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NCAA moves 7 championship games in protest of North Carolina law

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On Monday, Sept. 13, the National Collegiate Athletic Association (NCAA) announced that it would be relocating all seven championship events from North Carolina during the 2016-2017 academic year because of the state’s controversial ‘bathroom law’. The organization said that the law did not align with their “commitment to fairness and inclusion” and that the decision was made because NCAA championships and events “must promote an inclusive atmosphere for all college athletes, coaches, administrators and fans.”

The ‘bathroom bill’ is commonly known as HB2. It was first passed on March 23 by Governor Pat McCrory. The act applied to students at North Carolina state schools and overturned an LGBT anti-discrimination ordinance that had been passed by the city of Charlotte, N.C. The law is often described as the most anti-LGBT legislation in the U.S. but was described as a ‘common sense’ legislation by proponents.

The NCAA’s decision comes shortly after the National Basketball Association also announced it would be moving February’s All-Star Game from North Carolina in protest against the same law.

The NCAA cited “four specific factors” that make the dynamic in North Carolina different from the dynamic in other states. This included the fact that North Carolina law disallows local municipalities from passing anti-discrimination laws, prohibits the use of a restroom different from the gender on someone’s birth certificate regardless of their gender identity and allows officials to refuse services to LGBT people.

The organization also brought up the point that five states and several cities have also passed laws that does not permit public employees and representatives of public institutions from traveling to North Carolina, which the NCAA stated could thus be interpreted to include student-athletes and campus athletics staff.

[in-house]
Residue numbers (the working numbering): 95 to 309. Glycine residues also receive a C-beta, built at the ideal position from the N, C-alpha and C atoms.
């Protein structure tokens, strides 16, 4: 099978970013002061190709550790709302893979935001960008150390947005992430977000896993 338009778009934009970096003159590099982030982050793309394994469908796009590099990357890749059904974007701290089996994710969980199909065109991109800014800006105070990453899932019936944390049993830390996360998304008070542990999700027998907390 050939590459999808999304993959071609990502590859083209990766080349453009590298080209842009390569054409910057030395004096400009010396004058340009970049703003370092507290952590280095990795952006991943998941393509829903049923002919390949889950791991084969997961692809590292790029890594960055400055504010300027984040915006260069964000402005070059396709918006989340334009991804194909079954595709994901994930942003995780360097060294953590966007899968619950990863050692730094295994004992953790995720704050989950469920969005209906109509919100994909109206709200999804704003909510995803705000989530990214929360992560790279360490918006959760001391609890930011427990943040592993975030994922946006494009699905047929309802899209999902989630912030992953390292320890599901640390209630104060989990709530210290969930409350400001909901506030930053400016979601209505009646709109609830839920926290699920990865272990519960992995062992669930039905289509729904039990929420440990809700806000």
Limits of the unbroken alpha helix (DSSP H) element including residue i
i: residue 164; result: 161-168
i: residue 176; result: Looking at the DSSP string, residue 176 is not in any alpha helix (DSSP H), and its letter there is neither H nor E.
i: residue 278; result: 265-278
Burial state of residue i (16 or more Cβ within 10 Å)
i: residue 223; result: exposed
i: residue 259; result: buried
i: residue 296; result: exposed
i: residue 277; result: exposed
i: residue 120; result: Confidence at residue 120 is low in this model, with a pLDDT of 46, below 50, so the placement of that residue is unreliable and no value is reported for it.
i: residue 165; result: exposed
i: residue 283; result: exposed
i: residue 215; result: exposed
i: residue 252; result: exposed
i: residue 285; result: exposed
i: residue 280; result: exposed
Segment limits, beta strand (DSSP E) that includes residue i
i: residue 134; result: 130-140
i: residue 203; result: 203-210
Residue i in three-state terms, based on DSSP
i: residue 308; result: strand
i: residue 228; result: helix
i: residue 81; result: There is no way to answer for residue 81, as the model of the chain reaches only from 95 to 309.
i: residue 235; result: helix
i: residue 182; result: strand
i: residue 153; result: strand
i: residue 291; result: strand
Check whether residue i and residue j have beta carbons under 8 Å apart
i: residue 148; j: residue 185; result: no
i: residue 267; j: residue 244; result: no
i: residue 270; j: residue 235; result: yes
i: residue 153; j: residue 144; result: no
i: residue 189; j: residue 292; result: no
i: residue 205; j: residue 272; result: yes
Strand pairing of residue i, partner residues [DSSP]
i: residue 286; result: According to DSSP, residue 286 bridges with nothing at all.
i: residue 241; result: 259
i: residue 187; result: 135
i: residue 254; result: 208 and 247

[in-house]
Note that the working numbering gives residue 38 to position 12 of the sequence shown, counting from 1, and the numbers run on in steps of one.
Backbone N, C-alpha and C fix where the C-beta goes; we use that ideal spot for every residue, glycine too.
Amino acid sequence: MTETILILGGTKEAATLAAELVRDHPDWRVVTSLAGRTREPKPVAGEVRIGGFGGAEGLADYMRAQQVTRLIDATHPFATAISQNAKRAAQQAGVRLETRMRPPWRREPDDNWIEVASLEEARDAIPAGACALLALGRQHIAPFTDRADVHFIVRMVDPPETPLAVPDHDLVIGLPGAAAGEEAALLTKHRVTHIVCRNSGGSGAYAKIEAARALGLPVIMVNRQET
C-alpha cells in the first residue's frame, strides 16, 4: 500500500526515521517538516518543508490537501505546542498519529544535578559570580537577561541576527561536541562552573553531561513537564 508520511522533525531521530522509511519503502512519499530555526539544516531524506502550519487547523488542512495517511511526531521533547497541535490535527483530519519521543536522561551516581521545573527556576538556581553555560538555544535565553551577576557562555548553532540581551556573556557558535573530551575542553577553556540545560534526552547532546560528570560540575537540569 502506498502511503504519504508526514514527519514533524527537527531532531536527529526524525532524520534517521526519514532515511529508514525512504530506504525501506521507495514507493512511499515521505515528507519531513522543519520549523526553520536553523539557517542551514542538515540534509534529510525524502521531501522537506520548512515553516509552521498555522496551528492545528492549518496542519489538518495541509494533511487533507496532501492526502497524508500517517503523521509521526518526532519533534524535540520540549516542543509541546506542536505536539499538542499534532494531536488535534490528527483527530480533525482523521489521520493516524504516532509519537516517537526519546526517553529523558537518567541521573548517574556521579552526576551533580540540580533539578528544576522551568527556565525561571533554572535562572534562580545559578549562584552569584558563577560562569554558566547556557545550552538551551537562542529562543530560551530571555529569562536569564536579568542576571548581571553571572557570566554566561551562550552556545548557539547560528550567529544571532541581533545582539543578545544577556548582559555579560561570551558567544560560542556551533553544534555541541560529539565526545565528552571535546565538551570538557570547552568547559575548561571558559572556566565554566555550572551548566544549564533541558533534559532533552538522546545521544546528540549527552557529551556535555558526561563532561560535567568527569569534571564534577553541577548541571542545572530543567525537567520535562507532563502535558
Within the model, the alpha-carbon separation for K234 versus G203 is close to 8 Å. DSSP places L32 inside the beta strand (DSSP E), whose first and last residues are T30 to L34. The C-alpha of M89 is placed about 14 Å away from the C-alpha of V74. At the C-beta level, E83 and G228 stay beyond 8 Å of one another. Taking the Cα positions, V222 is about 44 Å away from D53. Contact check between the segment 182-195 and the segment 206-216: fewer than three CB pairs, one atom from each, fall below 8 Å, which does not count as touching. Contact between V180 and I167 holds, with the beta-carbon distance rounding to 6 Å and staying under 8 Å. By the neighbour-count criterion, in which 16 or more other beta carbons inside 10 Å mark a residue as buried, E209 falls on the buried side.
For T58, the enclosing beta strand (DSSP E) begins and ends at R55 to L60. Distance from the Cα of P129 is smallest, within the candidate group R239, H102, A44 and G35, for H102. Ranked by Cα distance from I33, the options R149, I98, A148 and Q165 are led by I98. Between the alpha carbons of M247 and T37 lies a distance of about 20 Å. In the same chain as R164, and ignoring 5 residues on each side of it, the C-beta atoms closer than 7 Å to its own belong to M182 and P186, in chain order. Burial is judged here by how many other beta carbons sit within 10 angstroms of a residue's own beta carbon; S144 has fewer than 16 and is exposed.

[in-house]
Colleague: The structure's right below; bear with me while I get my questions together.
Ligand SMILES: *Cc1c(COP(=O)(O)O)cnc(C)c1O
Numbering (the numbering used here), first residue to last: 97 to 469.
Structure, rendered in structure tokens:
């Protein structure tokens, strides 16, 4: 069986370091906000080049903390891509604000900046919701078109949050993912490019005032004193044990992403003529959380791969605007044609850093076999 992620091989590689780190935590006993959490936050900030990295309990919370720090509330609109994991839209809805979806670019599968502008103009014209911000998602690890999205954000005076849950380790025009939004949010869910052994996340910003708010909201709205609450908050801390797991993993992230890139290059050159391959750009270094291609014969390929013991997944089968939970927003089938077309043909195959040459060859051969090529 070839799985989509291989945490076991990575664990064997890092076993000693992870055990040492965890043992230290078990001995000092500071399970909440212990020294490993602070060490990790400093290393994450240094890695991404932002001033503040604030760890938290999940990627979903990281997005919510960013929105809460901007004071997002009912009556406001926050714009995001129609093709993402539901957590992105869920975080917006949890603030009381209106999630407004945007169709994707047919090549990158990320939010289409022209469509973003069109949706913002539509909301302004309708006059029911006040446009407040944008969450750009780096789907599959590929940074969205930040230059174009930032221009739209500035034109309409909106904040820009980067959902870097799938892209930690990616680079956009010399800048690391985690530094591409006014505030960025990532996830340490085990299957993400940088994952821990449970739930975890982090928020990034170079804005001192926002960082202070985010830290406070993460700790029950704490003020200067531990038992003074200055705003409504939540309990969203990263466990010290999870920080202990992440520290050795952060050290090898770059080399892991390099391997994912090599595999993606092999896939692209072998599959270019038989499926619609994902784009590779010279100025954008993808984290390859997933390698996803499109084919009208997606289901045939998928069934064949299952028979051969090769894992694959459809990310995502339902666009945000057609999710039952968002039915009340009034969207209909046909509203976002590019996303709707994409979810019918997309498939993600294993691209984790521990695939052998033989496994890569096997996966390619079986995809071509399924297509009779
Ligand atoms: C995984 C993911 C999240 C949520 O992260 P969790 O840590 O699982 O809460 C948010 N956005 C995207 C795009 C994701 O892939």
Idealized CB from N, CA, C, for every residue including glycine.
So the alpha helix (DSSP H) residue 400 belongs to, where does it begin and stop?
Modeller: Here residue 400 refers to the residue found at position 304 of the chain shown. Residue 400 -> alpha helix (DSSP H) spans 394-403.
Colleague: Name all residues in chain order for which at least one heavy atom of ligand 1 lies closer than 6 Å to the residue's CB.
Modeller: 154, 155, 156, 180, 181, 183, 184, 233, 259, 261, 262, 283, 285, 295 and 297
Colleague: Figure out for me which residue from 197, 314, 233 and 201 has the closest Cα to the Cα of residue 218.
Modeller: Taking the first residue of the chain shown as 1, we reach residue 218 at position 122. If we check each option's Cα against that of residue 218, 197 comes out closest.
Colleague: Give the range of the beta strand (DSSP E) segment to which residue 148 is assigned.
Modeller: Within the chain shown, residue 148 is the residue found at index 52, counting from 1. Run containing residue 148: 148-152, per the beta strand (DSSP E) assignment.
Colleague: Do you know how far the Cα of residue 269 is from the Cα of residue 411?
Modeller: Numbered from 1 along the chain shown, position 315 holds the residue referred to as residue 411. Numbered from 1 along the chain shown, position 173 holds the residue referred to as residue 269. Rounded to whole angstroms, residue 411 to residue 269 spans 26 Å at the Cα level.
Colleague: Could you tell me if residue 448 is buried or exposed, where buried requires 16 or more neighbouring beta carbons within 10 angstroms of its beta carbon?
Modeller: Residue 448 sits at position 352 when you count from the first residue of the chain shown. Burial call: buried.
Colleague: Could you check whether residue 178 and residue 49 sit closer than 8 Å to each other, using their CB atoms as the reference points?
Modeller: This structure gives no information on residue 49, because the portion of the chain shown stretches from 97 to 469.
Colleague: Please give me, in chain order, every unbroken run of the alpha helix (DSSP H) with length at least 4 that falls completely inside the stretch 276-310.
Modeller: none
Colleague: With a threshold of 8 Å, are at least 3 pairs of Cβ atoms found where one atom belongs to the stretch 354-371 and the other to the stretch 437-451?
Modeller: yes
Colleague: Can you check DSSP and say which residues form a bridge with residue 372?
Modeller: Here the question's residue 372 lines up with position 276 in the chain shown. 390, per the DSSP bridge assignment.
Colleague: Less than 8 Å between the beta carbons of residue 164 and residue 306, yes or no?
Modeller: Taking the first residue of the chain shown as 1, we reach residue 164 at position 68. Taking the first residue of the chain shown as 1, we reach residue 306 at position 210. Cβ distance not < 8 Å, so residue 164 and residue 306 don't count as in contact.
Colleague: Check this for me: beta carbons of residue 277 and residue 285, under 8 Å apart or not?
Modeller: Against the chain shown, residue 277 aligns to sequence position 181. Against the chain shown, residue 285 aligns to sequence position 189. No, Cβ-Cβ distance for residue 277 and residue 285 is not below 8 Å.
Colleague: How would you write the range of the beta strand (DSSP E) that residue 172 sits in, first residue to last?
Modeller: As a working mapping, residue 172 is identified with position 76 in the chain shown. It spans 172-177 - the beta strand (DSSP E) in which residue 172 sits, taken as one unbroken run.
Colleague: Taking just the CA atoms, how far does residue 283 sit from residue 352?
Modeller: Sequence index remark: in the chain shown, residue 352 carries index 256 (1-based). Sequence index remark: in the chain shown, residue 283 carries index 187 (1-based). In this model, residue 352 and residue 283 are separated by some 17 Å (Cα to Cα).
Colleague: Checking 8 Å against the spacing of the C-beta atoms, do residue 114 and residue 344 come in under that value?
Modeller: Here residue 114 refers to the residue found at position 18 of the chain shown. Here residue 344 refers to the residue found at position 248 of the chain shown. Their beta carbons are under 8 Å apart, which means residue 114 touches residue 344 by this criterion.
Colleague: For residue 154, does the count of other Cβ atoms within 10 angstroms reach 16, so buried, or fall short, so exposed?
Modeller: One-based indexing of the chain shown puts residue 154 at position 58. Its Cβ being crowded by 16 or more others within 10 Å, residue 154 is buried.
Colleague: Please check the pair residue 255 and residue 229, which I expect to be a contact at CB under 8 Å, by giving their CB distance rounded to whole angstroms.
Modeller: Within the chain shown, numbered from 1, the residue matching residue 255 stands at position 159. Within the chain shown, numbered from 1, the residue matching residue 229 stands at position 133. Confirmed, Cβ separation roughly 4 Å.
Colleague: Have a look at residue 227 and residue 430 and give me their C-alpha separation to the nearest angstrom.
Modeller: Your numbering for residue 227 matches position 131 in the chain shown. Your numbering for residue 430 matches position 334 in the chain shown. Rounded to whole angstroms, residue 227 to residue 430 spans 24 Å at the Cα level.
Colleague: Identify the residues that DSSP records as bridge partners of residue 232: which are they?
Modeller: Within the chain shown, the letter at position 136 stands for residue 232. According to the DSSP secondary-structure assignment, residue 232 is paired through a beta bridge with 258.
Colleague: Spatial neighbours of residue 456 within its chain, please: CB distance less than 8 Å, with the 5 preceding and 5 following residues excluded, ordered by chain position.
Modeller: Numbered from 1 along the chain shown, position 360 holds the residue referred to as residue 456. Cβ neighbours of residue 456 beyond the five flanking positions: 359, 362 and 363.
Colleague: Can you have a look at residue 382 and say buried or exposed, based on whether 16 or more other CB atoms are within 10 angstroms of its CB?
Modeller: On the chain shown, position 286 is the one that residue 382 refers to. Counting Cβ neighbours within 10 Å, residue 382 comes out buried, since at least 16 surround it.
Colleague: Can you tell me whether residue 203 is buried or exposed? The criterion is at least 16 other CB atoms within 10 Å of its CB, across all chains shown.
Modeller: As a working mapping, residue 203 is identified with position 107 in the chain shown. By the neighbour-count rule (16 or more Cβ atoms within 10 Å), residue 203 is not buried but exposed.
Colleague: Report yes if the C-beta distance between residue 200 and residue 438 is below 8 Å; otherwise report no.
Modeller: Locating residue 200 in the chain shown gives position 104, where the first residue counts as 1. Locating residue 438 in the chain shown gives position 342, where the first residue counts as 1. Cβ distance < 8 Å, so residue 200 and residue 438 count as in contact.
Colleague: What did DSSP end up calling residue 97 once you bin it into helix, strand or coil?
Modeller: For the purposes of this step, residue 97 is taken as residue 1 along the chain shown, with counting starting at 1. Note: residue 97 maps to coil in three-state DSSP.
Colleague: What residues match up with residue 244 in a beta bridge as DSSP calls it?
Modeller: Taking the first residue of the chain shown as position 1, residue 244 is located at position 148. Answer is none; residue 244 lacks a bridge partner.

In response to the move Kami Mueller, a spokeswoman for North Carolina’s GOP released a scathing response the same day stating, “This is so absurd it’s almost comical. I genuinely look forward to the NCAA merging all men’s and women’s teams together as singular, unified, unisex teams. Under the NCAA’s logic, colleges should make cheerleaders and football players share bathrooms, showers and hotel rooms. This decision is an assault to female athletes across the nation…I wish the NCAA was this concerned about the women who were raped at Baylor. Perhaps the NCAA should stop with their political peacocking and instead focus their energies on making sure on nation’s collegiate athletes are safe, both on and off the field.”

Additionally, McCrory responded saying that he strongly encouraged “all public and private institutions to both respect and allow our nation’s judicial system to proceed without economic threats or political retaliation” and called the NCAA “a multi-billion dollar, tax-exempt monopoly” that “failed to show this respect at the expense of our student athletes and hard-working men and women.”

Nonetheless, the Atlantic Coast Conference (ACC) also had to make the decision of whether or not they would follow both the NBA’s and NCAA’s lead. The decision was trickier for the ACC which is headquartered in Greensboro, N.C., and has hosted most of the ACC men’s basketball tournament in the state. The past 23 ACC women’s tournaments have also been played in North Carolina.

The ACC had announced on Monday that they were planning to meet on Tuesday and Wednesday and its commissioner John Swofford assured that “HB2 was previously scheduled to be thoroughly discussed” but that “it would be premature to make any decisions or announcements regarding ACC championships until our membership is able to discuss.” Still, Swofford affirmed that “the league’s longstanding commitment to equality, diversity, and inclusion will continue to be a central theme to [their] discussions.”

Sure enough, on Wednesday, the ACC council of presidents announced that the ACC would be taking its biggest competions out of their home state saying that the organization was committed to values of “equality, diversity, inclusion and non-discrimination” and that they believe “North Carolina House Bill 2 is inconsistent with [those] values, and as a result…will relocate all neutral site championships for the 2016-17 academic year.”

The seven NCAA events that will be relocated are the 2016 Division I women’s soccer championship, 2016 Division III men’s and women’s soccer championships, 2017 Division I men’s basketball championship (first and second rounds), 2017 Division I women’s golf championships (regional), 2017 Division III men’s and women’s tennis championships, 2017 Division I women’s lacrosse championship and 2017 Division II baseball championship.

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